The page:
Mental Health is a global issue. In analysis, more than 300 million people around the world are suffering from the leading problem of mental health, depression. This is a representation of 4.4% of the world’s total population. In Kenya, a staggering 1 out of 4 persons who seek healthcare in Kenya have a mental health condition, thus, in every family, chances are high that there is a person suffering from a mental disorder. Such alarming figures are a reflection of the wider prevalence of mental ill-health in the general public.
Kenya’s health facilities estimate that 25% of its outpatient clients and 40% of its inpatient clients suffer from mental health issues. The low detection rate among health workers translates into poor health outcomes and an increase in healthcare costs which can be tragic in the end. It has also been noted that most people lack basic knowledge of what mental health is all about, the symptoms of a mental problem, and basically possible solutions to the nightmare.
Persons living with mental health conditions face stigma in our communities. The stigma arises from cultural myths and misconceptions and is sustained by a lack of knowledge and negative attitudes. The beliefs that mental illnesses are a result of personal failure, family curses, and spiritual entities have no basis in science. There is however evidence that stigma and discrimination is a barrier to access to mental health services. The other barriers include a lack of mental health services in the health system.
In recent years, the increasing acknowledgment of the important role mental health plays in steering the productivity of a person and the achievability of the global development goals has stirred a discussion around the silent monster, prompting its inclusion in the Sustainable Development Goals. Including mental health under Universal Health Coverage (UHC) in Kenya represents a paradigm shift towards tackling issues on mental health. According to the World Health Organization, people with severe mental health conditions die prematurely; as much as two decades earlier- due to preventable physical conditions.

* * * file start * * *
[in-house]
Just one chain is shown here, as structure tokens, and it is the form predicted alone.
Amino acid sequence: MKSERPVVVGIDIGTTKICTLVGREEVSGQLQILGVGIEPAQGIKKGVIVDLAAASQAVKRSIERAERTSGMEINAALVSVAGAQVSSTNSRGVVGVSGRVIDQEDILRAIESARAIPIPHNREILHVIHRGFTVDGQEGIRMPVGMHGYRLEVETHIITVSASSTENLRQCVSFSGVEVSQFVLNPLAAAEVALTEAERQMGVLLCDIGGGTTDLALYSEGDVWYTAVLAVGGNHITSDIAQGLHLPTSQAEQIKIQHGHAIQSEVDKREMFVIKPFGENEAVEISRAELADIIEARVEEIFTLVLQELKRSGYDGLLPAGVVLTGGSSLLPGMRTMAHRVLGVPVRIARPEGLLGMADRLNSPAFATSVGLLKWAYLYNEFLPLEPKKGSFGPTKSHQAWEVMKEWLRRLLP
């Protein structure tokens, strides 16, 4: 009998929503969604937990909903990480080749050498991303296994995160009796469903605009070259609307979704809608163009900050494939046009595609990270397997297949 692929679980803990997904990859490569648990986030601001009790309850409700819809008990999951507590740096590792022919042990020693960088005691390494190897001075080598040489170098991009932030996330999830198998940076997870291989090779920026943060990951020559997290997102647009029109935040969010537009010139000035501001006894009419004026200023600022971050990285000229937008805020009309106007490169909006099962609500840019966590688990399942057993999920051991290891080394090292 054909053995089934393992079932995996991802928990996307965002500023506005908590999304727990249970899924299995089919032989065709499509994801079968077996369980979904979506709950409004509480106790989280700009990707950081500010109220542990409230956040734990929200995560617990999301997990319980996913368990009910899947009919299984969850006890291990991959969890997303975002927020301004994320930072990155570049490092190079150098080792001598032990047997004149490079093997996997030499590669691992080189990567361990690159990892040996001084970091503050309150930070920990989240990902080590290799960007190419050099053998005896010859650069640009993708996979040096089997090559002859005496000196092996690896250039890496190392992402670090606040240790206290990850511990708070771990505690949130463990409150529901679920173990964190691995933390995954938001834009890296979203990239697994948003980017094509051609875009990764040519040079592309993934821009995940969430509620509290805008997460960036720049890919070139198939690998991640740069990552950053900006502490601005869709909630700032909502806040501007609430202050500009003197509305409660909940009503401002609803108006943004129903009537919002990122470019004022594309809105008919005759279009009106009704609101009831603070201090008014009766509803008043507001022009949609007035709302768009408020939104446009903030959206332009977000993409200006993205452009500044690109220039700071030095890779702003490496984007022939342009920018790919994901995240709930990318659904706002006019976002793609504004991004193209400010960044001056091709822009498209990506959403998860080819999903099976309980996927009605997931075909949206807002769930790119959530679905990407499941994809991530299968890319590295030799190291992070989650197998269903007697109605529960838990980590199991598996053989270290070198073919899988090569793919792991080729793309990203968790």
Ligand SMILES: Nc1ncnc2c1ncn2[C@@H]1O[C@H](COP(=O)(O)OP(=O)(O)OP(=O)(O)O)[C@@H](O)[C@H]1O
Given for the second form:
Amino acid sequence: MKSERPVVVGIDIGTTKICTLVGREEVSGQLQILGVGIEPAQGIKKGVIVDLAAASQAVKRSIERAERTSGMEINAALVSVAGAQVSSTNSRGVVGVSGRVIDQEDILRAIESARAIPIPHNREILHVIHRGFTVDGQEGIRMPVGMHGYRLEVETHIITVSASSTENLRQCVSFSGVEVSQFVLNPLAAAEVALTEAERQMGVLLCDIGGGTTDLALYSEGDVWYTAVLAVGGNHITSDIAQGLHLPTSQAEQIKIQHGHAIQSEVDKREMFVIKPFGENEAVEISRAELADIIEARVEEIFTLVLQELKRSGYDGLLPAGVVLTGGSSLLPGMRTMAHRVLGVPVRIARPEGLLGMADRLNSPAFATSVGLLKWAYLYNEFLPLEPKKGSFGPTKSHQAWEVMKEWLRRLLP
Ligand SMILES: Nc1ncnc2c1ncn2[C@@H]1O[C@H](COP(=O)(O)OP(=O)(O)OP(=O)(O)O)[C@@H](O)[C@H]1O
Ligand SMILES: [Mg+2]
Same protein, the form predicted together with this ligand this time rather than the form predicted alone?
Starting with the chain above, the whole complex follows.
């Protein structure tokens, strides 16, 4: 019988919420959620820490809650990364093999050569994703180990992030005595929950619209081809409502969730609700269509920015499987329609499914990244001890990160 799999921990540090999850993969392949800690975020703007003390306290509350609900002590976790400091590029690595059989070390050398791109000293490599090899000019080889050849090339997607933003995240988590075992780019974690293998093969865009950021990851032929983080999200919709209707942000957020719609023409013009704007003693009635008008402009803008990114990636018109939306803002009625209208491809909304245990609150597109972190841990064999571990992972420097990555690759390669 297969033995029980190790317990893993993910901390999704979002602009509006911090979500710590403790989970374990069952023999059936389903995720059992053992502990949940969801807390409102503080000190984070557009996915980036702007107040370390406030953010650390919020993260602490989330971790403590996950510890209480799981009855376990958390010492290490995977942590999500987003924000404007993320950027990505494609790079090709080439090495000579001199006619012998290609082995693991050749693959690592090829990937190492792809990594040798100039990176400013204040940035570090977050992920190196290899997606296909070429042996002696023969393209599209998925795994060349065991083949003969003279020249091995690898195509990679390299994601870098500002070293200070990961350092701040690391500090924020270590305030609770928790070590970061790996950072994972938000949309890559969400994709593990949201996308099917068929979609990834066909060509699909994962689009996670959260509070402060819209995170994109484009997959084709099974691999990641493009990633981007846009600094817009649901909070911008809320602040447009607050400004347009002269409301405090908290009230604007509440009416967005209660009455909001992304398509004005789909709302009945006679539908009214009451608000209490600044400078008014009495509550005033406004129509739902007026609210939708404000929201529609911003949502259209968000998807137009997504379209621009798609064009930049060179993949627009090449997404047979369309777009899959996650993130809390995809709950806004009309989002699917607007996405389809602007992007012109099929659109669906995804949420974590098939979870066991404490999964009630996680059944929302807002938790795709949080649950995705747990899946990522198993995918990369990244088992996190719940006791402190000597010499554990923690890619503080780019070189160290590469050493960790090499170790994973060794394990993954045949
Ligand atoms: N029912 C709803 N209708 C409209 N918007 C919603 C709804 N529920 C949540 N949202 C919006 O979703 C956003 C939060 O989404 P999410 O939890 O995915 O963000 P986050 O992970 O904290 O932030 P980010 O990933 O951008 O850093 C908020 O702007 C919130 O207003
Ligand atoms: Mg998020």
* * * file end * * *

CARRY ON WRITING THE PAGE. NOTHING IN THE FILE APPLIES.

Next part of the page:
Without a clear framework, the war against mental health issues is likely to drag, and the more it drags the more harm it causes to our loved ones, both at the workplace and even back at home. With everything returning to normalcy, in-person meetings back on our schedules, and less working from home, I suppose the primary place where we can kick start the issue of mental health awareness is at the workplace. Organisations’ leadership need to champion the narrative and encourage the staff not to fear opening up. Those with symptoms of any mental instability be accorded the much-needed attention and help. And those who are well, to be encouraged to engage in more physical activities that will engage their mind and time to help circumvent possible mental health issues.